Toronto vendor’s Chromebook is built for education market

Notebooks built to run Google’s Chrome OS have been finding success in the education market, thanks to their budget-friendly pricetags, and Toronto’s Senkatel is the latest PC to target the popular vertical with a new Chromebook purpose-built for the K-12 education market.

Senkatel developed its Google Chromebook in collaboration with Intel Education Solutions, and it includes design features and internet-accessible software applications targeting the K-12 vertical.

The Senkatel C1101 Chromebook features 3-cell, 3200mAh/cell (36Wh), allowing for up to 9.5-hours of battery life, more than enough to get to the school day. To be ready for messy students, it integrates a water-resistant keyboard with anti-peel keys and ruggedized design to withstand bumps and drops.

Connectivity-wise, there’s full HDMI port, one USB 3.0 and one USB 2.0 port, as well as a Kensington security lock slot. It features an anti-glare, 11.6” HD 1366 x 768 TFT-LCD screen with In-Plane Switching, and is powered by an Intel Celeron N2830 processor with 2GB of SDRAM system memory and a 16GB solid state drive. The C1101 also comes with 100GB of Google Drive cloud for two years.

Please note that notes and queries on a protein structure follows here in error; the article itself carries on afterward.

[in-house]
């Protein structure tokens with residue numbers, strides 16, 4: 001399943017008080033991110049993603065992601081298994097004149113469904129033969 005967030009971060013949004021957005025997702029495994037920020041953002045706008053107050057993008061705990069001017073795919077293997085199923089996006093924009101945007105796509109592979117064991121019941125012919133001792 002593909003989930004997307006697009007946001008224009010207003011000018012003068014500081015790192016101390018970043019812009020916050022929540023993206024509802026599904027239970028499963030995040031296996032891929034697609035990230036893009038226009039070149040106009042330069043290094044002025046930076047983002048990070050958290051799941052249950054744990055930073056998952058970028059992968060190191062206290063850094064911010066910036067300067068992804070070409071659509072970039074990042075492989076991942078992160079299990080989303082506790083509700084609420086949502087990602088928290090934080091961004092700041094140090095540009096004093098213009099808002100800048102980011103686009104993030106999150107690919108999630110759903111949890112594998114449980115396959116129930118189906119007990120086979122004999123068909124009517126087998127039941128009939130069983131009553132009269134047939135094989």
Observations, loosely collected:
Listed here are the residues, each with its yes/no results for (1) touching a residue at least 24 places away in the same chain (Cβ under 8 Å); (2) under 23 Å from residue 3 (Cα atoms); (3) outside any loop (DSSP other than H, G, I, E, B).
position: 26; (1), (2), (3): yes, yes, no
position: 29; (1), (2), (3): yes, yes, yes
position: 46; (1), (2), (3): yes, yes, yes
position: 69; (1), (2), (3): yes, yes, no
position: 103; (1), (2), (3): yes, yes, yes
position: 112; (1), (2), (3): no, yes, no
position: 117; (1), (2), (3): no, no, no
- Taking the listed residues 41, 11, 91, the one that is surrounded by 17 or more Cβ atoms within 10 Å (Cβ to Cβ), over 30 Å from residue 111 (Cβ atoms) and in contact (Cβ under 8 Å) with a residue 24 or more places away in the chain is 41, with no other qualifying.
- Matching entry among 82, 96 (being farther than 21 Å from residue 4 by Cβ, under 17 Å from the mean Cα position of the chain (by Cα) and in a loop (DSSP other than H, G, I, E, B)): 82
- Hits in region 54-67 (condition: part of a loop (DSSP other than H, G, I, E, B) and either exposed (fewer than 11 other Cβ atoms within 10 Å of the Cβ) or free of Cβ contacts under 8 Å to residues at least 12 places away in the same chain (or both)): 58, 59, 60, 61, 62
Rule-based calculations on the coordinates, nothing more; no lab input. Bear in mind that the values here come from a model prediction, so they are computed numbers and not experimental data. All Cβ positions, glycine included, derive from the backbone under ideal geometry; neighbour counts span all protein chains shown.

“Senkatel continues to address the K-12 education market need for high-quality, affordably priced Internet-enabled devices and software,” said Joseph Virginia, president of Senkatel USA, in a statement. “Our new C1101 Chromebook allows educators and students to access a wide array of classroom management, lesson planning, and educational software content directly through the Google Play for Education website.”

Other features of the C1101 include Bluetooth 4.0 and 2×2 dual-band Wi-Fi 802.11 ac/a/b/g/n operating in both 2.4GHz and 5GHz frequencies, a rotatable camera and microphone, and a fan-less design for quieter operation.

The C1101 is available now to the channel through distribution partner Synnex Corp., with pricing starting at $313.99, which includes a one-year warranty.


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Jeff Jedras
Jeff Jedras
A veteran technology and business journalist, Jeff Jedras began his career in technology journalism in the late 1990s, covering the booming (and later busting) Ottawa technology sector for Silicon Valley North and the Ottawa Business Journal, as well as everything from municipal politics to real estate. He later covered the technology scene in Vancouver before joining IT World Canada in Toronto in 2005, covering enterprise IT for ComputerWorld Canada. He would go on to cover the channel as an assistant editor with CDN. His writing has appeared in the Vancouver Sun, the Ottawa Citizen and a wide range of industry trade publications.

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